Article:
I'm one of the millions of people who loved and appreciated Ricki Lake and Abby Epstein's documentary The Business of Being Born. I especially love and appreciate Dr. Marsden Wagner's presence in the film. Everything he says is wonderful: "There's not a good history in obstetric practice of careful study of the long-term effects of all these interventions. This is why if you really want to humanize birth, the best thing to do is get the hell out of the hospital."
In 87 minutes, The Business of Being Born neatly articulates the problems with the current state of maternity care in the United States. I've heard of people dismissing the film on the grounds that it's biased (presumably against medical interventions during labor), and I say, so what? You think any film, documentary or otherwise, isn't biased? Also, most of the time, for most mothers and most babies, natural birth is just better. It's safer. (And cheaper!) Sometimes it's OK to be biased!
So yes, I'm biased, too. And I think The Business of Being Born is wonderful.
I was very excited when I heard last year that Abby and Ricki were making a follow-up to The Business of Being Born, and last week, I finally had the chance to see it. I expected More Business of Being Born to be similar in form and style its "parent" film: more of the same. In fact, More Business of Being Born comprises four shorter documentaries, each detailing a topic that The Business of Being Born didn't get to explore.
"Down on The Farm: Conversations with Legendary Midwife Ina May Gaskin" shows Abby and Ricki visiting The Farm and speaking with Ina May and other midwives who attend births there. The topic of conversation quickly shifts from the current state of maternity care ("Why do insurance companies get to be the boss of birth?" Ina May asks, pointedly) to Ina May's current work around maternal mortality and The Safe Motherhood Quilt Project.
"Special Deliveries: Celebrity Mothers Talk Straight on Birth" is exactly what it sounds like, a collection of well-known women telling their birth stories. I enjoy hearing birth stories, but I think what really makes this film work is that the women in question are used to being in front of the camera, so they're relaxed and articulate as they describe the births of their children. Alyson Hannigan is downright hilarious talking about her home birth experience, and Alanis Morissette's description of feeling slammed into her body during labor really resonated with me.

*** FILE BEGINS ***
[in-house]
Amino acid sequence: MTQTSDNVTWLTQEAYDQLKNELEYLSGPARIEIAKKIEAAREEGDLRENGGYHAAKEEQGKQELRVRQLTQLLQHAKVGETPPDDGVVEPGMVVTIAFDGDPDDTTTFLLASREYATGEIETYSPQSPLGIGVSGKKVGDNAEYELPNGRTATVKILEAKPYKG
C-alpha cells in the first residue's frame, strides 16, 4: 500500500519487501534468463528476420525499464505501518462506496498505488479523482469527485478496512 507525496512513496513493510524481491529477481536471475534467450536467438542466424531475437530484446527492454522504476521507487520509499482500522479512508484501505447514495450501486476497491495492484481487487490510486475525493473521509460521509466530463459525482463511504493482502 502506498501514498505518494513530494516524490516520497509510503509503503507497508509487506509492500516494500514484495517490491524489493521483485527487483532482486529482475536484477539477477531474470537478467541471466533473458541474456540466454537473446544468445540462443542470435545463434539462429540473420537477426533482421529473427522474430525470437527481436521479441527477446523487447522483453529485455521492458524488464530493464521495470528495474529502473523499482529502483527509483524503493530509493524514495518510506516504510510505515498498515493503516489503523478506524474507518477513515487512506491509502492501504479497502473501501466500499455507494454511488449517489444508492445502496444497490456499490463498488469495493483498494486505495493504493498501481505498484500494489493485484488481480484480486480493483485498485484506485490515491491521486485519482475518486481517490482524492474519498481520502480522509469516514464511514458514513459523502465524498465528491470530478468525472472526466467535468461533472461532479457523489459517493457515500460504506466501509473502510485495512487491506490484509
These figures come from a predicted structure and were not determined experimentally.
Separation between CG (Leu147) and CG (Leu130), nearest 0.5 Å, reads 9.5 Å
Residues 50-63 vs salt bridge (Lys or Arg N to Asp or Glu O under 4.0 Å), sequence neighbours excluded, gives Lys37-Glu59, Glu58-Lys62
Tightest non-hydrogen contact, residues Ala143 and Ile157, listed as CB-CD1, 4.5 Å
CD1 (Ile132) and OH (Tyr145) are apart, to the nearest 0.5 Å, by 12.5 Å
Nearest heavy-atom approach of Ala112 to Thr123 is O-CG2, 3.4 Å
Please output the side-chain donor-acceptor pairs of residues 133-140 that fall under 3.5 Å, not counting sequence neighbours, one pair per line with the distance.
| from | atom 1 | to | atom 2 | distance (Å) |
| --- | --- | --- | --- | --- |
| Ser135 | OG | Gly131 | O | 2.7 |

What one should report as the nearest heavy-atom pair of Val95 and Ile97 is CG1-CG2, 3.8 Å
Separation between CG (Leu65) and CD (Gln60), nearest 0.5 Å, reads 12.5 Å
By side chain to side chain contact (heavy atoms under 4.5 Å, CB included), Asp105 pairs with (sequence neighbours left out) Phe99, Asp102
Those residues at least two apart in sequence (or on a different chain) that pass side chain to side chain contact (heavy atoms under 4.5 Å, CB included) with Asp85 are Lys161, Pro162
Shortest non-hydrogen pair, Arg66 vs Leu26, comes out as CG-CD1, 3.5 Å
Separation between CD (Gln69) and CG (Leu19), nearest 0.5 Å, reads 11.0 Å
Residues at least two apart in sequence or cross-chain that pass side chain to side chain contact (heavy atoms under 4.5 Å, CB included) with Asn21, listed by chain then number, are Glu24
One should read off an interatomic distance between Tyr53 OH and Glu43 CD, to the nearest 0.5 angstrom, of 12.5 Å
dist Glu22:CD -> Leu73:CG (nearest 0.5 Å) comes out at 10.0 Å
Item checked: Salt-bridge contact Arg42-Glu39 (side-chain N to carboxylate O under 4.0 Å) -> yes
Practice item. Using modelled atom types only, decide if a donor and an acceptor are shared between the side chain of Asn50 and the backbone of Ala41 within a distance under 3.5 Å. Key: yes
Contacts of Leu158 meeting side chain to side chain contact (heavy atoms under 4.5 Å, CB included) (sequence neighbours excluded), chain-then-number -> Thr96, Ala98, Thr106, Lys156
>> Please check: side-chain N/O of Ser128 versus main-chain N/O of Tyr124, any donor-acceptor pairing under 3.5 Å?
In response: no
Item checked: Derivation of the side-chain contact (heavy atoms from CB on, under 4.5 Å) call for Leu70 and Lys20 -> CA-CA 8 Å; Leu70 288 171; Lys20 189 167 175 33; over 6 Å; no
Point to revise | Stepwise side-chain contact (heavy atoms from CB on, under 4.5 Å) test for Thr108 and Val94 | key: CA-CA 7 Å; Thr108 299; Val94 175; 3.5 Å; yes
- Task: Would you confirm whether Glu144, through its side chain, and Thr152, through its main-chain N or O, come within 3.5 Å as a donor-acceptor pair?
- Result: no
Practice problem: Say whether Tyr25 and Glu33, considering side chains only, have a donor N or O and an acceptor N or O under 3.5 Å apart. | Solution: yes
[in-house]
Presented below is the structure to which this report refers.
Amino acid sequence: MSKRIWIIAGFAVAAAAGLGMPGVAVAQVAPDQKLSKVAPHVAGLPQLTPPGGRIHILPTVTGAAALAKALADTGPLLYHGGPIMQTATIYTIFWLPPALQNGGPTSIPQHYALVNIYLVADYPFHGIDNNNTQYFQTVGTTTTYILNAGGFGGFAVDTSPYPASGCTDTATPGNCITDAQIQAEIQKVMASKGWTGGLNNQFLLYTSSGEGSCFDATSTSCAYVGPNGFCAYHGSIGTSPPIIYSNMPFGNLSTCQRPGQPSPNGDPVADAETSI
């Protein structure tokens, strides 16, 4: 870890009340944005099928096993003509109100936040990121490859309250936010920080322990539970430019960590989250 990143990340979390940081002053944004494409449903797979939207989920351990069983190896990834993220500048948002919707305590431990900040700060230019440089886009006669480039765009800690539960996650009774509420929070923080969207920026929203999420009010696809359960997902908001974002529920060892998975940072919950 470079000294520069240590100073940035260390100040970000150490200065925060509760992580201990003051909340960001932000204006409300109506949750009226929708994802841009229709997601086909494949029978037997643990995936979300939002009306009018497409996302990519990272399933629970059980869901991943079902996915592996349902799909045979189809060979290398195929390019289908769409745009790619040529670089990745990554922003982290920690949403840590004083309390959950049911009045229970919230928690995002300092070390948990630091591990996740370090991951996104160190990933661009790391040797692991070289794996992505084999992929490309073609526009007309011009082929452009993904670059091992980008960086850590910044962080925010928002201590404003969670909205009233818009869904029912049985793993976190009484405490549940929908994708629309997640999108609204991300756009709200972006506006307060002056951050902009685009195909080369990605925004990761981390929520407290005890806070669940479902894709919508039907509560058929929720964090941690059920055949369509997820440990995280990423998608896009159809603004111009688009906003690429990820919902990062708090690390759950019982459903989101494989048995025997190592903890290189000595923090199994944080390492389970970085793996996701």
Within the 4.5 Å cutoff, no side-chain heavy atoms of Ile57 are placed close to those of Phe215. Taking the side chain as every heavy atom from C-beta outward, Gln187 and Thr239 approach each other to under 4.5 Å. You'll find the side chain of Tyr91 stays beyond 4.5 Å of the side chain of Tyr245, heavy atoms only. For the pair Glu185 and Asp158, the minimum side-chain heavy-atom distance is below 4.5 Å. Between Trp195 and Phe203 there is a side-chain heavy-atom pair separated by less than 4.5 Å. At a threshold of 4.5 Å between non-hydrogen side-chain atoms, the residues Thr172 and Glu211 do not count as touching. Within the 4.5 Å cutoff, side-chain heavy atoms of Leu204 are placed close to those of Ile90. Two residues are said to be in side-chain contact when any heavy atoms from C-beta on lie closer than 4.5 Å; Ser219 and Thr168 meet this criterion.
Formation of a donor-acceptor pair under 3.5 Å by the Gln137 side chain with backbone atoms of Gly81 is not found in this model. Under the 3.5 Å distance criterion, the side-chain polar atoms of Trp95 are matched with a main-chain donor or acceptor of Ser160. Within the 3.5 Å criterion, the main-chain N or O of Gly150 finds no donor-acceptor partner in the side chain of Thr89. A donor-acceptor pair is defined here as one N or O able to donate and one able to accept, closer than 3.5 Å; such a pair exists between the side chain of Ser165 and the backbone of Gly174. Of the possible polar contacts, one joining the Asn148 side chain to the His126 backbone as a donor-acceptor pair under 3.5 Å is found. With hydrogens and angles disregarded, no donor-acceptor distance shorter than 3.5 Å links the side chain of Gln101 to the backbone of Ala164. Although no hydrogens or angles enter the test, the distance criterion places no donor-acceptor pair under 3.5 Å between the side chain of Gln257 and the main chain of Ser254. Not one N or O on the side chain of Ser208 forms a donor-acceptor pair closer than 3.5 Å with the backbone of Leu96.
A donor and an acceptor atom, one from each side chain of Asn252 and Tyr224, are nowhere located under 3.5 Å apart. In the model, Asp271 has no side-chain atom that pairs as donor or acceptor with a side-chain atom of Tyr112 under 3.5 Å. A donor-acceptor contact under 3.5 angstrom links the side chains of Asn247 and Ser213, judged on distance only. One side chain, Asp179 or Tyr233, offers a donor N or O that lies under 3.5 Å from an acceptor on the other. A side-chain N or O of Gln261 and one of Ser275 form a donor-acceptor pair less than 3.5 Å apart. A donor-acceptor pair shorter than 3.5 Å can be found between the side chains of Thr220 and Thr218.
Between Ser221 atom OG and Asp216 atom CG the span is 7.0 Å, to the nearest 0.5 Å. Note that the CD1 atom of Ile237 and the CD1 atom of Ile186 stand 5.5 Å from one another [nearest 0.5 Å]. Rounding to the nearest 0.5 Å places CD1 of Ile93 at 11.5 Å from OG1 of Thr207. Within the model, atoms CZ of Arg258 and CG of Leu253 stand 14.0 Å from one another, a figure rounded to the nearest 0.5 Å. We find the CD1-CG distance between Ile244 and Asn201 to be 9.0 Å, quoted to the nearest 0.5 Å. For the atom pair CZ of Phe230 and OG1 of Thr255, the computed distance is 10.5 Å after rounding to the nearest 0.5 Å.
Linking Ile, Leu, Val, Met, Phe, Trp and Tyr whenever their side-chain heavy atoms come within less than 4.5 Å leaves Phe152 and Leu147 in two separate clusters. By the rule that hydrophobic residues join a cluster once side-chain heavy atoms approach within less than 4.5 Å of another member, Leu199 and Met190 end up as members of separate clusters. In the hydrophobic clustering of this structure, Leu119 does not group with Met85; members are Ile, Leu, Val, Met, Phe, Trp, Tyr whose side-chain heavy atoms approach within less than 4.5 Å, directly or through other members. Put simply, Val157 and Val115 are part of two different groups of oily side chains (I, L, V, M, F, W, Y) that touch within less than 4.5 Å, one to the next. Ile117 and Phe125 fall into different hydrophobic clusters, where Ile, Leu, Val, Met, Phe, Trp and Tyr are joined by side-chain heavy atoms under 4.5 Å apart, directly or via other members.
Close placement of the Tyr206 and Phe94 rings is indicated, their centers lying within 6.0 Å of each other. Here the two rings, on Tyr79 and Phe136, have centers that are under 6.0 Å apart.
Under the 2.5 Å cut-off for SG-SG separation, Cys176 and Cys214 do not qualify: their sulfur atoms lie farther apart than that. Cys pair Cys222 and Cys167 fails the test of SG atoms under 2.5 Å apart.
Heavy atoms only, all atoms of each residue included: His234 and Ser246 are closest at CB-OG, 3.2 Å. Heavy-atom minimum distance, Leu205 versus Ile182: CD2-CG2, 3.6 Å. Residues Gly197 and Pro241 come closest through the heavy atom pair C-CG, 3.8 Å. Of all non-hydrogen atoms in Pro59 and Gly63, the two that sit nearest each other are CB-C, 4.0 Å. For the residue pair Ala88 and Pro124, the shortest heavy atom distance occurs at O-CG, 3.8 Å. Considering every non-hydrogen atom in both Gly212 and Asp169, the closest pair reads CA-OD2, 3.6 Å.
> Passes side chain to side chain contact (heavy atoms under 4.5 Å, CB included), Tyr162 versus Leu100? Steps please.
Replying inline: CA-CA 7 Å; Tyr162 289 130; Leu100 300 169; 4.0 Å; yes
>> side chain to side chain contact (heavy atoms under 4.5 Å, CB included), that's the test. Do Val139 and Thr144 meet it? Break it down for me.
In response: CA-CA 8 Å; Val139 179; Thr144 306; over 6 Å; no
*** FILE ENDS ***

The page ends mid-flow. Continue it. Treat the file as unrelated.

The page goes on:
Also, I just love Alanis and totally want to hang out with her and eat vegan grilled-cheese sandwiches.
Of all the films, "Explore Your Options: Doulas, Birth Centers & C-Sections" feels the most like the educational material you might encounter in a (really good) childbirth class. It goes along nicely with "The VBAC Dilemma: What Your Options Really Are," which discusses the real and perceived risks of having a vaginal birth after cesarean, as well as the challenges someone seeking a VBAC might face.
It's a lot of material from a filmmaking team whose work I respect, but I'm sorry to say, I wasn't impressed. Perhaps it's because The Business of Being Born is so well-crafted and felt so revolutionary that More's follow-up materials seemed to fall kind of flat. Or perhaps I just had my mind set for a shorter, more traditional documentary. (I watched the film online, and was already 20 minutes in before I realized I was in for four separate documentaries instead of one.) One of the things I love about The Business of Being Born is how relatively short and concise it is. I would've loved another 87-minute video essay about issues and options in maternity care. But that's how I roll.
Despite my disappointment, I do believe that More Business of Being Born is a wonderful tool for helping people to make educated choices. Getting to look inside both a freestanding birth center and a hospital birth center, watch doulas at work, and hear mothers tell their stories in their own words is a nice change of pace from that giant stack of childbirth books you might have lying around.